Beijing Scene, Volume 5, Issue 9, May 21 - 27

High Flyin’ Ayi  

Hey Ayi,

Why do people in Beijing get such a kick out of flying kites off of highway overpasses? Please enlighten me on the Chinese tradition of kite-flying.



Dear Updraft,

Although Marco Polo purportedly saw kites in China, they were not made or flown in Europe until the 18th century. Traditional lore says that the kite was invented by the ancient master craftsman Lu Ban in the 4th century BC. So great was the old inventor’s kite-making skill that he was able to make a man-carrying kite - the world’s first hang glider: The classical text Records of the Court and People (guanchang xianxing ji) tells the story of Lu Ban leaving his home near the southern city of Suzhou to go to Liangzhou Prefecture to build a pagoda. Lu Ban used the left-over materials from the pagoda to make a ‘wooden eagle’ to fly home to his wife. This story may be as apocryphal as a VCD vendor’s promises, but numerous references to kites in the literature of the Spring and Autumn Period (770-476 BC) indicate that our ancestors were already using kites fashioned from bamboo and wood at that early date.

We Chinese invented gunpowder and used it to make firecrackers rather than bombs. Kites, however, were first used for military purposes before being adopted as toys. Chinese soldiers used colorful kites painted with ominous designs to confuse and frighten their enemies, and also to keep lines of communication open from far-flung battlefields.

In the Tang Dynasty (618-907 AD), improved designs and the use of new materials made it possible for ordinary people to make and fly their own kites. Colored paper, silk, and cloth were mounted on bamboo frames to make simple kites, but more extravagant designs appeared too: a Tang Dynasty craze involved mounting strings of lanterns on the body and tail of the kites. Lantern kites were frequently banned because they caused fires when they crashed. Less hazardous kite accessories included whistles and pipes that made music in the wind.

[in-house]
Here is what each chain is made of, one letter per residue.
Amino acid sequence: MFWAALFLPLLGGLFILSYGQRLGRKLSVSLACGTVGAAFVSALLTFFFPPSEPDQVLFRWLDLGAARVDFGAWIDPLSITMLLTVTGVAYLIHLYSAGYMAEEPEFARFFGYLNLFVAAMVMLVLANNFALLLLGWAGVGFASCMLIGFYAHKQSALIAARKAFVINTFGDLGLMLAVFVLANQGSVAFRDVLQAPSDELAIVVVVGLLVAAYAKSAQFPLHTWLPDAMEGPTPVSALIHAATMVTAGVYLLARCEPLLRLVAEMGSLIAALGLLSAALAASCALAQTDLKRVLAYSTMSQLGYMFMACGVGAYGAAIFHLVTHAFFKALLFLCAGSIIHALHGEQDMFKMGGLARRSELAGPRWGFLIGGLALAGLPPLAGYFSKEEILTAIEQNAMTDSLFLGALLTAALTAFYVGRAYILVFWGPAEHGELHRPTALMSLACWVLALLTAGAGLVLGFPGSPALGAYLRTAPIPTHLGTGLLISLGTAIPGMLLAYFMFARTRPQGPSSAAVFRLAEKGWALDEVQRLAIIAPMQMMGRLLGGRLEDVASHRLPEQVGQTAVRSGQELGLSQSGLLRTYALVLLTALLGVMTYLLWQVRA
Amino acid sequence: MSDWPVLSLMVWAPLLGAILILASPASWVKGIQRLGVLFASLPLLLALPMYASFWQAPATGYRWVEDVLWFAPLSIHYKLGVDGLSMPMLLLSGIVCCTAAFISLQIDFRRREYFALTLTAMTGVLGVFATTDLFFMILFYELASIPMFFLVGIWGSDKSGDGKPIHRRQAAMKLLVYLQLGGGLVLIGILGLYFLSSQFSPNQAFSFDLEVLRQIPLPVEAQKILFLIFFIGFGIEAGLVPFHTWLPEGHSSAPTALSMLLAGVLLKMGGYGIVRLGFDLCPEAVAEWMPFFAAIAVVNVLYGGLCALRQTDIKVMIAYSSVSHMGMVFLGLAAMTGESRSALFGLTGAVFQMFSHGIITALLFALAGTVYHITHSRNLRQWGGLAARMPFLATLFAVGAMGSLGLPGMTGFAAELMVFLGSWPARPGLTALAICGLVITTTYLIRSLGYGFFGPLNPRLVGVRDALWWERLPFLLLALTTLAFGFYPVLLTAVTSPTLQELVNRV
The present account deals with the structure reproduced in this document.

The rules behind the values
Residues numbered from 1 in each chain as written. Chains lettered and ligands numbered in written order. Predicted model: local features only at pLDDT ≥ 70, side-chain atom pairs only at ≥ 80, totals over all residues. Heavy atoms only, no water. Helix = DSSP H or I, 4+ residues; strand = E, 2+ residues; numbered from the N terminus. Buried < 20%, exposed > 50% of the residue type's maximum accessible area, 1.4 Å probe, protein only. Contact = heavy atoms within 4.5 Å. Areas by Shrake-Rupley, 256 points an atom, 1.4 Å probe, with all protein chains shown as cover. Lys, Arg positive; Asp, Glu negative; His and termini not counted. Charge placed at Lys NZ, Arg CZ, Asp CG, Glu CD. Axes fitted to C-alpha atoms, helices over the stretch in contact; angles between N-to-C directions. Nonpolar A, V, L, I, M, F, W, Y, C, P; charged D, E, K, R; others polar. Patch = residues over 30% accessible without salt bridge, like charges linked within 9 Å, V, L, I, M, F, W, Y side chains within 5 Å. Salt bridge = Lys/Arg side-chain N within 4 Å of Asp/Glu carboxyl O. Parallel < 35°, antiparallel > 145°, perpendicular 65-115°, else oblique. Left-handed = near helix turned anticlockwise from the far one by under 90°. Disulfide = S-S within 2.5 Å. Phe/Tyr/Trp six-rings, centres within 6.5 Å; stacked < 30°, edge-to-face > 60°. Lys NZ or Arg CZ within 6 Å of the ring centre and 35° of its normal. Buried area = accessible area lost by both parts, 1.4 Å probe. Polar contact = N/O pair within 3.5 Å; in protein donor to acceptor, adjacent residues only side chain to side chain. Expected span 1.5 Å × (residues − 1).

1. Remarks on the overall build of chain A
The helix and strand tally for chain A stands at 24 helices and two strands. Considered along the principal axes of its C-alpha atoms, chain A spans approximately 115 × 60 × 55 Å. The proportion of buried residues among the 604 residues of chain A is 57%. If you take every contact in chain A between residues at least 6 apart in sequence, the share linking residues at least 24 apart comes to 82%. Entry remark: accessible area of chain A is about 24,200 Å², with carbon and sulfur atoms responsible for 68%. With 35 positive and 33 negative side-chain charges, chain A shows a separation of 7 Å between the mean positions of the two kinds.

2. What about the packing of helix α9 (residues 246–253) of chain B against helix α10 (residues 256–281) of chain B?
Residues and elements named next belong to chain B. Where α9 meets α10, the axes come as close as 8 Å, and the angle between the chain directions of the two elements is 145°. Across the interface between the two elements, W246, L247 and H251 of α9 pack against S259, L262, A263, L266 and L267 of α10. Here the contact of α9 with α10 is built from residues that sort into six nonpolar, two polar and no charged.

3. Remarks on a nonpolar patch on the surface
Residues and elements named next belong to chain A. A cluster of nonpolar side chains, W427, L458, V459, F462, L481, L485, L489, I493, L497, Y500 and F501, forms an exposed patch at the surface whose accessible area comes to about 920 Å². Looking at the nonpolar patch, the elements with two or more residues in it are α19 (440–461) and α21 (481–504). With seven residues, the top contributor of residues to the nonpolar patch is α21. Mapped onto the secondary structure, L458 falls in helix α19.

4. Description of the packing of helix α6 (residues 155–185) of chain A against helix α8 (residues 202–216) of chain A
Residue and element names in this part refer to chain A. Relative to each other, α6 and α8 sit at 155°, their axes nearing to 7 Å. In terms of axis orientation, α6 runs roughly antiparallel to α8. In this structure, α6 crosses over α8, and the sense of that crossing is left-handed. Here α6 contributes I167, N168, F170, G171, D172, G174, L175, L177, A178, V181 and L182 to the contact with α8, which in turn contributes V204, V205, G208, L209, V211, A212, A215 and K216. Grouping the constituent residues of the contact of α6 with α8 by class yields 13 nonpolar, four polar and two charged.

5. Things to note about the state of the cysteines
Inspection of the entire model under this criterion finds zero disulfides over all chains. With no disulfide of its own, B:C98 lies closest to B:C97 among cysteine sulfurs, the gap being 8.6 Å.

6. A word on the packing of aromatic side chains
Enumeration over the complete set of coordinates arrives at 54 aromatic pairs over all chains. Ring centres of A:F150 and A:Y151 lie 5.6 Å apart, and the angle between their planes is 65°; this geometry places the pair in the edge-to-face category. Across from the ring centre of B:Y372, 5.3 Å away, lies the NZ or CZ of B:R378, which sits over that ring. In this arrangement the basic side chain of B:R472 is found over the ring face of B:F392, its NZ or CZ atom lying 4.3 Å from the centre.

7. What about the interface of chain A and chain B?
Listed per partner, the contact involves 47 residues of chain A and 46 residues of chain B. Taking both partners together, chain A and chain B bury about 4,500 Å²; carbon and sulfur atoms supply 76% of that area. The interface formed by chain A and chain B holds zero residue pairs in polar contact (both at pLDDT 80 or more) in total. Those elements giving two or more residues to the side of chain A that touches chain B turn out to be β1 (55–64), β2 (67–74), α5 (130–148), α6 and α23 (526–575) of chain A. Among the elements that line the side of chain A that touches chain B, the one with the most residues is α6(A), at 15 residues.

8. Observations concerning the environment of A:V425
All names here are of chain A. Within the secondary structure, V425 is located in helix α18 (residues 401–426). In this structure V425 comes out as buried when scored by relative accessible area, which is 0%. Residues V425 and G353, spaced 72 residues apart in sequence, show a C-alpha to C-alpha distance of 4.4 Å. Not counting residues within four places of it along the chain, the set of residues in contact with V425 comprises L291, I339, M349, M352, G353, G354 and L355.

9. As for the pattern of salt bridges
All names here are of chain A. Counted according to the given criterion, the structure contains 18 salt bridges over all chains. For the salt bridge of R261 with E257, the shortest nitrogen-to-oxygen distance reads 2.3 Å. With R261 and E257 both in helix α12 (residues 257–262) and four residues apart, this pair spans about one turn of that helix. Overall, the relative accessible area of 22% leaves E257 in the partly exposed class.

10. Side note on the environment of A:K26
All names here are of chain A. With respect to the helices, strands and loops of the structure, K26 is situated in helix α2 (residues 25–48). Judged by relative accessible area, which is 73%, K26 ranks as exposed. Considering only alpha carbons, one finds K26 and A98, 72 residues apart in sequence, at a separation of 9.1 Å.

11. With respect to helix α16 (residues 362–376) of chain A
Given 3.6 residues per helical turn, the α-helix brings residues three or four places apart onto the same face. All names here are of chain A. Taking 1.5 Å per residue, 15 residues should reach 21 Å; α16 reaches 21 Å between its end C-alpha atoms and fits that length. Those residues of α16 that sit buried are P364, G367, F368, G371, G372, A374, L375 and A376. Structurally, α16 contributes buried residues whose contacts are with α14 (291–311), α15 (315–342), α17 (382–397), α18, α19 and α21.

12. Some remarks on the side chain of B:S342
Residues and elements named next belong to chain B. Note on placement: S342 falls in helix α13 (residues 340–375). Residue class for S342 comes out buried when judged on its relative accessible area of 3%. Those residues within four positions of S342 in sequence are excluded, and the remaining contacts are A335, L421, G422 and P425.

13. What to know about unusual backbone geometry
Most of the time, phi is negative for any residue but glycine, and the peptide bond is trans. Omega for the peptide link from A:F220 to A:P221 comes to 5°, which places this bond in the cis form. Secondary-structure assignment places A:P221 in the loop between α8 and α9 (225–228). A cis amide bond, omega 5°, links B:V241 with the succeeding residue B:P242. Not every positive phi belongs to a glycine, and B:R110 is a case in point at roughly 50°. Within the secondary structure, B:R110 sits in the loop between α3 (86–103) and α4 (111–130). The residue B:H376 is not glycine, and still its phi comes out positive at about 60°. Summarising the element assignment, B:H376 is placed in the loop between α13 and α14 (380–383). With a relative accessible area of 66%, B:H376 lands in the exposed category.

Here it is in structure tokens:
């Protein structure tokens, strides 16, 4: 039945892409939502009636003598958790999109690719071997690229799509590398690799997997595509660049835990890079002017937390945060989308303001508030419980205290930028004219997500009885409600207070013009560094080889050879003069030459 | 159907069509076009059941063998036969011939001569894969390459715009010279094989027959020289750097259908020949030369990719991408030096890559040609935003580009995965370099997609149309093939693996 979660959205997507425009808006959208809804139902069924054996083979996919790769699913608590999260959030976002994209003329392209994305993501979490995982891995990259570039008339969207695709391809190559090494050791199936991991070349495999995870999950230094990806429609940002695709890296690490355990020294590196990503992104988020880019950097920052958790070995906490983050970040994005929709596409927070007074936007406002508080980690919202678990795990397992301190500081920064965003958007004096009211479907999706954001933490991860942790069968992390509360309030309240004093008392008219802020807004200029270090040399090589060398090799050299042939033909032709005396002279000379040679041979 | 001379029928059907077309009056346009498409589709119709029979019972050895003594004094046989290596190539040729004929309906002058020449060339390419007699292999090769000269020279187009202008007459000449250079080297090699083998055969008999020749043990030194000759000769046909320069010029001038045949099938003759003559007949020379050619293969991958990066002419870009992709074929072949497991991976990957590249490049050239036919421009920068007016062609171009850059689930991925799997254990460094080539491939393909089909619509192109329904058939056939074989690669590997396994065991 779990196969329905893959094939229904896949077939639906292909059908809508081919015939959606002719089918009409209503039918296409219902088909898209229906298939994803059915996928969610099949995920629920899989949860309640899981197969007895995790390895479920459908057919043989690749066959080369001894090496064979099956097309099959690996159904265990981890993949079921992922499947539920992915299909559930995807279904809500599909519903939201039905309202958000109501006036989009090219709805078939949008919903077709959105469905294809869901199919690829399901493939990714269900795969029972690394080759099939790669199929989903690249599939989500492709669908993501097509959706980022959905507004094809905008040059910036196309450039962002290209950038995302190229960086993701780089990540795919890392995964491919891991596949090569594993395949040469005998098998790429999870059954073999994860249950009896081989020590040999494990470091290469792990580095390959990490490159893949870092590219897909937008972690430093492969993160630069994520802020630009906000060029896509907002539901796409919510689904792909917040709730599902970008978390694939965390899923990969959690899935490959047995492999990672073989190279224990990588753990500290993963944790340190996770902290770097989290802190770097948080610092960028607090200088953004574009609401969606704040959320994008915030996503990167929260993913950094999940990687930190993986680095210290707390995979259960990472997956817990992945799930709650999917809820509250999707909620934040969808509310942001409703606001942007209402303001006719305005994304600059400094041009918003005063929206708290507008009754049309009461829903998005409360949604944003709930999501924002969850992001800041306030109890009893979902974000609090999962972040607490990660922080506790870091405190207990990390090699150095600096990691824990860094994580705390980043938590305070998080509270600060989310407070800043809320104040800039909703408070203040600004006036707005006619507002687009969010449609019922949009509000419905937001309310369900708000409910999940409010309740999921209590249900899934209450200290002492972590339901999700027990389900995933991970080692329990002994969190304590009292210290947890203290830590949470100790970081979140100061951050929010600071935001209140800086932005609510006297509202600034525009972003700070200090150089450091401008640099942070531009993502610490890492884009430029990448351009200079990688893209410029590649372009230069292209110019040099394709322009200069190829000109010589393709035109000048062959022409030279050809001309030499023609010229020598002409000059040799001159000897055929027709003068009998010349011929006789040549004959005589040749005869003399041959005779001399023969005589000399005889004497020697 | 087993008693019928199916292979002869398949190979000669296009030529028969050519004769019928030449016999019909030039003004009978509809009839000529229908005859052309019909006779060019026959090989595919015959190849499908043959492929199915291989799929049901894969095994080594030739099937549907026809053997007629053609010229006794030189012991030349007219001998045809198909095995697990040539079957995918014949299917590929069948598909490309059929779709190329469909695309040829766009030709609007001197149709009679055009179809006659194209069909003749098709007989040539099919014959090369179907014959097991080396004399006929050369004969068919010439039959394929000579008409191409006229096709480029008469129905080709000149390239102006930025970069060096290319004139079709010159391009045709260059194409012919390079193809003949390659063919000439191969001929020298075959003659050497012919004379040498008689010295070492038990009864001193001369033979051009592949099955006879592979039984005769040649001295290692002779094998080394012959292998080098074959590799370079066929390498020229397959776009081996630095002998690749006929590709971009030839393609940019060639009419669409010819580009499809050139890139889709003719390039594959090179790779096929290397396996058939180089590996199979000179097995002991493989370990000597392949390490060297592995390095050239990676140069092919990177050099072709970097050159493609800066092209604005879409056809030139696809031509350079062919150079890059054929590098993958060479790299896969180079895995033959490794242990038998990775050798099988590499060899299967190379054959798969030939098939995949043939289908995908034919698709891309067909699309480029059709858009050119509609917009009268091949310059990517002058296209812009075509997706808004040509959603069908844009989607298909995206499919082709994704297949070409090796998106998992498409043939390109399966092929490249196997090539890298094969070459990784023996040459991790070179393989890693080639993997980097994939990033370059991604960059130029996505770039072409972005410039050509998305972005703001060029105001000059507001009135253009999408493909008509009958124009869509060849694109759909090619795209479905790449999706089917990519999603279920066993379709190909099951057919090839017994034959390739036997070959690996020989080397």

Cao Xueqin, author of the classic novel Dream of Red Mansions was a kite enthusiast and reputed to have written the book Research into the Art of Southern Hawks and Northern Kites. Written in verse, the book described the soft-wing kites of southern China and was responsible for spreading new kite-making techniques all over the country. The Dream of Red Mansions itself contains numerous references to kite flying, including a passage in which the young nobleman Jia Baoyu, surrounded by kite-flying maidens, fails to get his kite airborne and loses his temper.

Three famous schools of kite making appeared during the Qing Dynasty. The three schools were named after the families which invented the designs. ‘Ha’ kites (Feng Zheng Ha) were first made in Beijing by Ha Guoliang. His son Ha Changying exhibited his kites in New York in 1903 and won a silver medal in the San Francisco Fair in 1915. Ha Kuiming, grandson of the old master, opened ‘Ha’s Kite Shop’ in Beijing in the 1940s.

‘Wei’ kites (Feng Zheng Wei) were first designed by Wei Yuantai in Tianjin. His designs incorporated many features of Chinese folk art and also won him a gold medal at the International Panama Fair in 1914.

The Weifang (Wei Fang) kite school originated in Weifang in Shandong Province, a town famous for high quality craftsmanshipÑan old saying claims that the place has ‘200 red stoves, 3000 coppersmiths, 9000 embroiderers and 20,000 weavers.’ In Qing Dynasty-era Weifang, there were two great kite masters named Chen Yaba and Wang Fuzhai. Their kites were well-known in Shandong for their fine design and subtle coloring. The tradition of kite-making is still alive and well in Weifang. The town has whimsically chosen April 1 as the day for its annual kite festival where you can see tens of thousands of kites flying in the azure spring sky.

In Beijing, Tiananmen Square and Ritan Park are two good places to fly kites, although you will have to wait until October if you want to fly kites (or do anything else) in Tiananmen Square this anniversary year. Other popular kite-flying venues are from highway flyovers and almost anywhere with enough space to get a kite airborne.

Skilled kite-flyers also take part in kite-fighting competitions. The last part of the string (nearest the kite) is coated in glue and covered with powdered glass, making the string stiff and sharp. Kite-fighters attempt to sever their opponents string by whacking their kite’s string rapidly against their opponent’s. Still, most people fly kites in order to relax, and that is what you should do dear Updraft. The kite flying season is often reckoned to start after Qingming Festival which falls on April 5, but Beijing is windy enough to make kite-flying a year-round hobby.


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